How contactless tech can rebuild passenger trust in air travel

Last updated: 22 July 2020

There is no doubt that the airline industry has been one of the most heavily impacted by the coronavirus pandemic. Indeed, KPMG recently reported that a total revenue loss of $252 billion has been anticipated for 2020.

But it’s not the first time the sector has faced a crisis. The tragic events of 9/11 for example, forced airports to introduce new safety measures and screening practices, fundamentally changing the infrastructure of airports across the world.

Using this proven adaptability to respond to a crisis will be essential for airports and airlines to reassure customers that it is safe to fly and encourage them to book travel. This is no easy feat, with a survey by the International Air Transport Association (IATA) from April, stating that 40% of would-be travellers from the UK, U.S., Australia, Germany and India said they would wait six months after the virus was under control before flying again.

Now, with airlines across Europe, Australia, and some parts of Asia being given the go ahead to resume their operations, the time has come for the airline industry to prove that it can ensure the safety of passengers and staff. A big part of this will be the introduction of further measures that limit contact as much as possible through the digitalisation of operations. In fact, 94 percent of stakeholders in the aviation industry see contactless technologies as crucial immediate investments.

How has contactless technology already been changing airports?

The trend of contactless operations in airports has been underway for a number of years already, with the aim of reducing queues and stress, and helping passengers to feel comfortable with a personalised, free flowing approach. For instance, a mobile ticket on your phone can now be used to get you through security, and you can also print out your own luggage labels, without having an employee verify it.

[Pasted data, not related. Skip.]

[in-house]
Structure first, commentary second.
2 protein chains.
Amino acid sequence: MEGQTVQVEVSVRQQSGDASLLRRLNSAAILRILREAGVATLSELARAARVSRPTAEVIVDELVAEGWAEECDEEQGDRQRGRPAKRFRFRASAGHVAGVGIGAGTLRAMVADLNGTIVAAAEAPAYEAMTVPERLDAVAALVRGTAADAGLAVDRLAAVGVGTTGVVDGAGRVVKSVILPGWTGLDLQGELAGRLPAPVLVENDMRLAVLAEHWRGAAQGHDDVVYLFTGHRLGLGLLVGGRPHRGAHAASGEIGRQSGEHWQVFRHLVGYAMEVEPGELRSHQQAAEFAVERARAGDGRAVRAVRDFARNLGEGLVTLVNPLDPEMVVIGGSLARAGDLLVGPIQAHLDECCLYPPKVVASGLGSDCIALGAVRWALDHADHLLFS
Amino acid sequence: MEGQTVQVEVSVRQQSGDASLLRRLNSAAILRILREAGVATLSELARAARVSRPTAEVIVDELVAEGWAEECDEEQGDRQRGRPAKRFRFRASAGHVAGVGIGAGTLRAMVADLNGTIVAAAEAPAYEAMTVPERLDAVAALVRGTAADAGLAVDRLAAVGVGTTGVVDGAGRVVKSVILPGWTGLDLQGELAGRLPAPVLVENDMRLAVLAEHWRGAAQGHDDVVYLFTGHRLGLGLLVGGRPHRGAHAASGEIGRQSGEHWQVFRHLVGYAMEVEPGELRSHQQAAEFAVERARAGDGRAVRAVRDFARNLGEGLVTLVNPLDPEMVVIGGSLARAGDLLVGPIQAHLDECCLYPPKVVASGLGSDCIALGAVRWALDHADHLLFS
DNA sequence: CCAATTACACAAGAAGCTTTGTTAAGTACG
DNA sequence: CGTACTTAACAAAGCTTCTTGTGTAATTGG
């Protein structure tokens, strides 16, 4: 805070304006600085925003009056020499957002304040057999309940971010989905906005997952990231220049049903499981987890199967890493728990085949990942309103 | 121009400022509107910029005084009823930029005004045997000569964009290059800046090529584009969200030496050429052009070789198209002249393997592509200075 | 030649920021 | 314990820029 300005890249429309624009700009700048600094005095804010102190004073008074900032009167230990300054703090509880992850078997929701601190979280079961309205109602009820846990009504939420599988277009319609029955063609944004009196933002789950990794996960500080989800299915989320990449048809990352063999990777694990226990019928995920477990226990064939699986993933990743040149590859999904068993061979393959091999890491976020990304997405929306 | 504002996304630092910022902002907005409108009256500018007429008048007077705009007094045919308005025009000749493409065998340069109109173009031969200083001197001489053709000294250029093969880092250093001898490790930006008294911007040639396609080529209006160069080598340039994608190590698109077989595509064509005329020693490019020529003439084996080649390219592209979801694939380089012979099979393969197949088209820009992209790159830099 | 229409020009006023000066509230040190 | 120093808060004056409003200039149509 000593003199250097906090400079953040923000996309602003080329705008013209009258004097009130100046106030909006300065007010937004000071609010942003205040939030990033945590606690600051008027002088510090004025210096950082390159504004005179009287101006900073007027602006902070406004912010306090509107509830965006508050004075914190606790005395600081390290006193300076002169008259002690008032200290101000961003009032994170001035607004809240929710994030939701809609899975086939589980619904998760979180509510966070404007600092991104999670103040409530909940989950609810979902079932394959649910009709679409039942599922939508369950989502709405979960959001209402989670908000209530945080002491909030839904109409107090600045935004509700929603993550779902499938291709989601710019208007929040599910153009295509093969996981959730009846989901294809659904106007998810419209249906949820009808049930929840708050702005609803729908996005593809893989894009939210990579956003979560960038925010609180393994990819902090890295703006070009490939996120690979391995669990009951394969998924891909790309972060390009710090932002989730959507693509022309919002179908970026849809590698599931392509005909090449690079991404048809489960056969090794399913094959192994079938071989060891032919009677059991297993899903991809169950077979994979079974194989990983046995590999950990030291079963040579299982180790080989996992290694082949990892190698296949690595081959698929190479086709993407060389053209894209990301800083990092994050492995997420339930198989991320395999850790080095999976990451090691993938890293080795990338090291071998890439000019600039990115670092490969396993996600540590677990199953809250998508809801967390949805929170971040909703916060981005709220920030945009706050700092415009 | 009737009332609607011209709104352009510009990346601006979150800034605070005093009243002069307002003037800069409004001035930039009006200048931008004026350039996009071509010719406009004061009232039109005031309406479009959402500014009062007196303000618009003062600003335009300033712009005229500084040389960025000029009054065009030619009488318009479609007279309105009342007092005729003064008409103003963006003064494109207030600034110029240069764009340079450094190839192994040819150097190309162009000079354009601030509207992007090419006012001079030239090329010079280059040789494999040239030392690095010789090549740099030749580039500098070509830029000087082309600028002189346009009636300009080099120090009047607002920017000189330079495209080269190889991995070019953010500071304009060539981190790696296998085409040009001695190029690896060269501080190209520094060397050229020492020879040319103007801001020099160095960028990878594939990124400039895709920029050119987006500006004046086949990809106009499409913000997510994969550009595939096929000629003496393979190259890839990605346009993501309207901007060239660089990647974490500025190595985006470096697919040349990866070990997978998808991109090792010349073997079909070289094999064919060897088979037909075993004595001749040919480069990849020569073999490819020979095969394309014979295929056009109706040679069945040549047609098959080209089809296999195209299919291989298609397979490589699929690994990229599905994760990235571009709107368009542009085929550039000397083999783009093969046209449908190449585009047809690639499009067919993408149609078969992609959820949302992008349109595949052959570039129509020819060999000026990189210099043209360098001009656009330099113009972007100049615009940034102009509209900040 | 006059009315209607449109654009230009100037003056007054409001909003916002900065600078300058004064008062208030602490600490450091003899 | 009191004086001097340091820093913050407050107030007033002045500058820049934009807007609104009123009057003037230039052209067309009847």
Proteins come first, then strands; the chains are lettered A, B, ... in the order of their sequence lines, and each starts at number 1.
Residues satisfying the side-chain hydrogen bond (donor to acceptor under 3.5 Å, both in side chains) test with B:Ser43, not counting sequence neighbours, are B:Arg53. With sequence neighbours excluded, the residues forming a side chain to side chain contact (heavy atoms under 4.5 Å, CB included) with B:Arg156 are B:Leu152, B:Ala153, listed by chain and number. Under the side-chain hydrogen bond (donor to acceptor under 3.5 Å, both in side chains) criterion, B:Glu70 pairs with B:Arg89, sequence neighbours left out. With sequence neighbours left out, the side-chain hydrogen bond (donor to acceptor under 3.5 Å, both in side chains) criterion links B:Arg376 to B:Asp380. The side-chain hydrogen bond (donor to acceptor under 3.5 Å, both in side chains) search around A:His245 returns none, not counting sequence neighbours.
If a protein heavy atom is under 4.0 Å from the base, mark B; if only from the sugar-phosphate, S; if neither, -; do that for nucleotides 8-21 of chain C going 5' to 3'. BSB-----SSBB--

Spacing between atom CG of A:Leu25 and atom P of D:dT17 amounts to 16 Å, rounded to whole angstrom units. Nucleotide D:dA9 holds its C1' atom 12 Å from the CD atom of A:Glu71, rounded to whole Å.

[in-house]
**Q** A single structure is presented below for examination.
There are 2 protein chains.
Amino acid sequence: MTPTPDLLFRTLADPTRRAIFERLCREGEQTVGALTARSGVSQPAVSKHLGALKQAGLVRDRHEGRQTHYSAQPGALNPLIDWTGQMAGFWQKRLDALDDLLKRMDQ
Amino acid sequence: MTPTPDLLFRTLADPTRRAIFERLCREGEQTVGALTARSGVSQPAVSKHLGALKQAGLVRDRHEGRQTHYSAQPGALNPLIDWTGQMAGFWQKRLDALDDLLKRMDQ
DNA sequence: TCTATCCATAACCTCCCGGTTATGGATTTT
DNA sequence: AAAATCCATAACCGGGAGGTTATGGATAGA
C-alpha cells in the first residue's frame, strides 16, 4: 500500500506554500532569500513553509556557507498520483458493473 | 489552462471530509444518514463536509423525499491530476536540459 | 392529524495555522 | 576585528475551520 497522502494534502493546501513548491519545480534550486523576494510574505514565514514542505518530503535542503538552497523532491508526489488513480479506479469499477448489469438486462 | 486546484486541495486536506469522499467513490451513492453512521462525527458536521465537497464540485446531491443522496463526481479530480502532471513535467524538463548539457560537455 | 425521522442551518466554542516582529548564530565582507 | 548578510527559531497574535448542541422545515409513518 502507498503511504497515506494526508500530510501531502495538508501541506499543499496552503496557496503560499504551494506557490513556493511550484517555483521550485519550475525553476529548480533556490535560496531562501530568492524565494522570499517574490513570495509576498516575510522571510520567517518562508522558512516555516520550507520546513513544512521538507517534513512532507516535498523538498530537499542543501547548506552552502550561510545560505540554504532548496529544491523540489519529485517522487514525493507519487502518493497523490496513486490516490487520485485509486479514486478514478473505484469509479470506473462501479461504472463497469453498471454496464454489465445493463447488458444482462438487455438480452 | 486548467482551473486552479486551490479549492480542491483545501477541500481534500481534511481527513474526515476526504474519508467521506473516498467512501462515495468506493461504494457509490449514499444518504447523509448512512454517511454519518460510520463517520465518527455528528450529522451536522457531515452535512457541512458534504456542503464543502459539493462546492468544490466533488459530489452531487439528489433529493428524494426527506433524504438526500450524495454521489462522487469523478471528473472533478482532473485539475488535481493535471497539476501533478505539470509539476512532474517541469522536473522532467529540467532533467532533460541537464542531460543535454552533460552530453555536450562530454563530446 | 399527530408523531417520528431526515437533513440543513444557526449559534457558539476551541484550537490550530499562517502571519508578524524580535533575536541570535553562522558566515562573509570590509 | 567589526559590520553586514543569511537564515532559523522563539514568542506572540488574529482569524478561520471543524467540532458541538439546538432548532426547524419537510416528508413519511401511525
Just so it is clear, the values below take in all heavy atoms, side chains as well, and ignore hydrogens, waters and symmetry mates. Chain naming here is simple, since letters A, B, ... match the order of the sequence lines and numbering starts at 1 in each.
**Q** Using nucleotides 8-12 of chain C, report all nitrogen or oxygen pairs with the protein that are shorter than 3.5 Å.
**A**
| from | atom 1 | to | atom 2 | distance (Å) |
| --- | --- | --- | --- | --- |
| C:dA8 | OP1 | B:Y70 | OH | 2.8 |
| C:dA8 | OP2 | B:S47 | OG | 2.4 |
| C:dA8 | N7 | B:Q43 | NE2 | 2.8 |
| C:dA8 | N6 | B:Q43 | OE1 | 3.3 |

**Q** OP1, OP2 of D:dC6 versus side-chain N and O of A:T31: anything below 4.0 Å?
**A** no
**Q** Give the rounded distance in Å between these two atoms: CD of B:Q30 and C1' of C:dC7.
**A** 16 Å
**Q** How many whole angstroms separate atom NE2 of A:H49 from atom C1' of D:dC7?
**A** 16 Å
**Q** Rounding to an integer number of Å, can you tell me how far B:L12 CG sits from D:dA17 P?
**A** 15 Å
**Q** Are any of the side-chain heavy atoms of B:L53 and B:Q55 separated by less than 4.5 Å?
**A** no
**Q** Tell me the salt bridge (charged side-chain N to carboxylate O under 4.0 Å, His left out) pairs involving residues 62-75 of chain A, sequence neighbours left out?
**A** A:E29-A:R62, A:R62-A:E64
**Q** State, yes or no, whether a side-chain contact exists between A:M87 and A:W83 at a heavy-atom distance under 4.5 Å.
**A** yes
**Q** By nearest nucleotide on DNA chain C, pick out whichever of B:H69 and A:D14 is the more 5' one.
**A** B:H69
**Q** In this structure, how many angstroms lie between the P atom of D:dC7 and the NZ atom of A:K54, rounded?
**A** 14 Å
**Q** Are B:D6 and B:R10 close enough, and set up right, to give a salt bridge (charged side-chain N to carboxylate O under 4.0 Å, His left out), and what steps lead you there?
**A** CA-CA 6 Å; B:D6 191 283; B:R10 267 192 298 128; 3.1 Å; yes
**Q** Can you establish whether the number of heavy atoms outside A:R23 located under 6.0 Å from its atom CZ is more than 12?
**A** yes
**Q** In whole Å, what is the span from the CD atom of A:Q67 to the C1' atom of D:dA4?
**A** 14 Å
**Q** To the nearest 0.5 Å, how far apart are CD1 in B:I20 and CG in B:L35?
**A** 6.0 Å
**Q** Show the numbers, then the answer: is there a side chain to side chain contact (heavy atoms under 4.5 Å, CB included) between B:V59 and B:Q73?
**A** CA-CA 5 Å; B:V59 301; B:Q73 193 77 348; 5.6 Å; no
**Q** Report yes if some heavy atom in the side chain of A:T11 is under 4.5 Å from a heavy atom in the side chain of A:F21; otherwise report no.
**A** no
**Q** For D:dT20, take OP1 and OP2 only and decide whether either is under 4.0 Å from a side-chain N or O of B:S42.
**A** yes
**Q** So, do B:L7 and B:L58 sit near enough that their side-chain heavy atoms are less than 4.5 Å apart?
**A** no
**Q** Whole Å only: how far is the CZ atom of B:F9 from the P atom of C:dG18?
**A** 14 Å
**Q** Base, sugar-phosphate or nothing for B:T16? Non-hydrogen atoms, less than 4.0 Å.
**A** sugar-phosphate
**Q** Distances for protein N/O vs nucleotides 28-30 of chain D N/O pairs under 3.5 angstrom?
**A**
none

What other operations can be made contactless?

There are a variety of simple solutions that can be put in place immediately to reduce contact between humans and surfaces in an airport. Examples that are easy to install include contactless dispensers in the toilets, and contactless point of service terminals in duty free shops. However, to truly restore confidence, the whole stream of operations needs to be reshaped taking the “new normal” into consideration. Luckily, almost the entire airport experience can be made contactless – from going through security to boarding the plane, with the implementation of new technology.

How does biometric verification technology help?

By setting up a biometric pathway through the airport, we can reduce the time passengers spend in queues at each step of the travel process, as well as minimising passenger contact with the personnel operating in the airport.

With biometrics as our unique physical characteristics, passengers can be identified in seconds. In practice, when passengers decides to check-in and verify their ID online or at an airport kiosk, a token is created at check-in by matching their identity data from their ID/passport stored in their digital wallet, to the travel data on their boarding pass. This token can be physical, in the form of a mobile or paper boarding pass for example, or biometric, in the form of the passenger’s face.

The token is then used as a unique identifier, allowing the traveller to proceed through all airport touchpoints, and eliminating the need to present multiple documents several times along the way.

With this automated biometric and document verification technology, a seamless, end-to-end self-service experience is created. What’s more, for airport operators the system is an added layer of security that ensures boarding pass names match those of the passport holders.

For more on rebuilding customer confidence in air travel, read our Trust To Fly whitepaper. We will also be hosting a webinar on this topic on 23rd July 2020, where you can hear from our experts on how this system works in greater depth. If you’re interested in joining you can register here.

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